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Closing Gaps In Employees' Benefits Knowledge

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A recent RTi Market Research study sponsored by Aflac Inc., “Health Care Reform and Enrollment,” found that 62% of employees say they plan to pay more attention to enrollment options and choices this year, compared to last year. Employees cited rising costs or the recession and concern about coverage and health care reform as the top reasons for their greater focus.

As many hard-working Americans look to trim expenses in a tight economy, they are approaching workplace benefits enrollment options with a more scrutinizing eye than ever. Benefits managers have a busy period ahead of them, with a barrage of questions from employees and a spike in hours of the day dedicated to benefits education. Despite the significant investment of time and effort for benefits education, human resources managers agree that it is critical to keep employees informed.

According to “Why Supplemental?” another recent study for Aflac by RTi Market Research:

o About 49% of employers strongly agree their employees need to have a better understanding of their benefits.

o About 43% of employers believe a well communicated benefits program leads to reduced turnover.

o Two out of five employees agree that a well communicated benefits program would make them less likely to leave their jobs.

Becoming the Teacher’s Teacher

By stepping in to help executives educate their employees, agents and brokers provide the tools needed to gain traction with employees and help employers become benefits heroes, further solidifying that client relationship.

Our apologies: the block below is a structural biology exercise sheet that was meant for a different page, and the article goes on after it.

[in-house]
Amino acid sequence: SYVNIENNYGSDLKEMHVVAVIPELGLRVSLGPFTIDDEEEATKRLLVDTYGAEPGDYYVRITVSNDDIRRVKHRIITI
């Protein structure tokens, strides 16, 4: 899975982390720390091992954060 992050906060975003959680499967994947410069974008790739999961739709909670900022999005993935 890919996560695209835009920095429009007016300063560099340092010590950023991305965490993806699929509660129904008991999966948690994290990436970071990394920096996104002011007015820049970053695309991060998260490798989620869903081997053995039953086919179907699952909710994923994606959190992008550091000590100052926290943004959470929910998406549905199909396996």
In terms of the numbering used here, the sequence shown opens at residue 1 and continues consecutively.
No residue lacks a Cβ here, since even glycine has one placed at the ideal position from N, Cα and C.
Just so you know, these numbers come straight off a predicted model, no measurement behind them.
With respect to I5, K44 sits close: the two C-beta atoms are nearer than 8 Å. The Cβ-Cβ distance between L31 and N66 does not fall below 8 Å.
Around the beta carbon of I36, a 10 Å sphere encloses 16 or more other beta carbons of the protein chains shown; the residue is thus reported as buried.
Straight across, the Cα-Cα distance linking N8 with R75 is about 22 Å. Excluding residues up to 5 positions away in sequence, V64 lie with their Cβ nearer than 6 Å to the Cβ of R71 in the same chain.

Because employers are just as cautious about spending as their employees are, the following are some simple tips to help them put effective education initiatives in place without breaking the bank.

Prepare. Before agents and brokers begin working with clients, they’re put through product training. Being well equipped to discuss the advantages of owning certain policies is instrumental in educating employee clients and helping them achieve adequate coverage. Employers also need a strong grasp on what they are offering, to help employees reach their coverage goals. This is where insurance professionals can play a pivotal role in helping HR and benefits managers educate their employees. Agents and brokers should create an environment for open discussion by encouraging HR and benefits managers to ask questions and then going through offerings step by step with them. HR and benefits managers can then pass on what they learn when they talk to employees.

Identify and eliminate knowledge gaps. Many employees aren’t even aware of all the benefits offered by their employers. As an insurance professional, an obvious first step when engaging a client is to understand what they know-and do not know-about what is being offered. The same advice applies when employers engage employees about benefits.

Agents and brokers should suggest that companies begin to close the education gap by identifying how aware the workforce is about benefits offerings. Once gaps are identified, HR executives can find ways to make benefits information more robust and accessible.

One way of achieving accessibility is by turning to online venues where employees can gain access to information, tools and tips about their company’s benefits packages. Whether an intranet or Web site, it should be interactive and easy to use.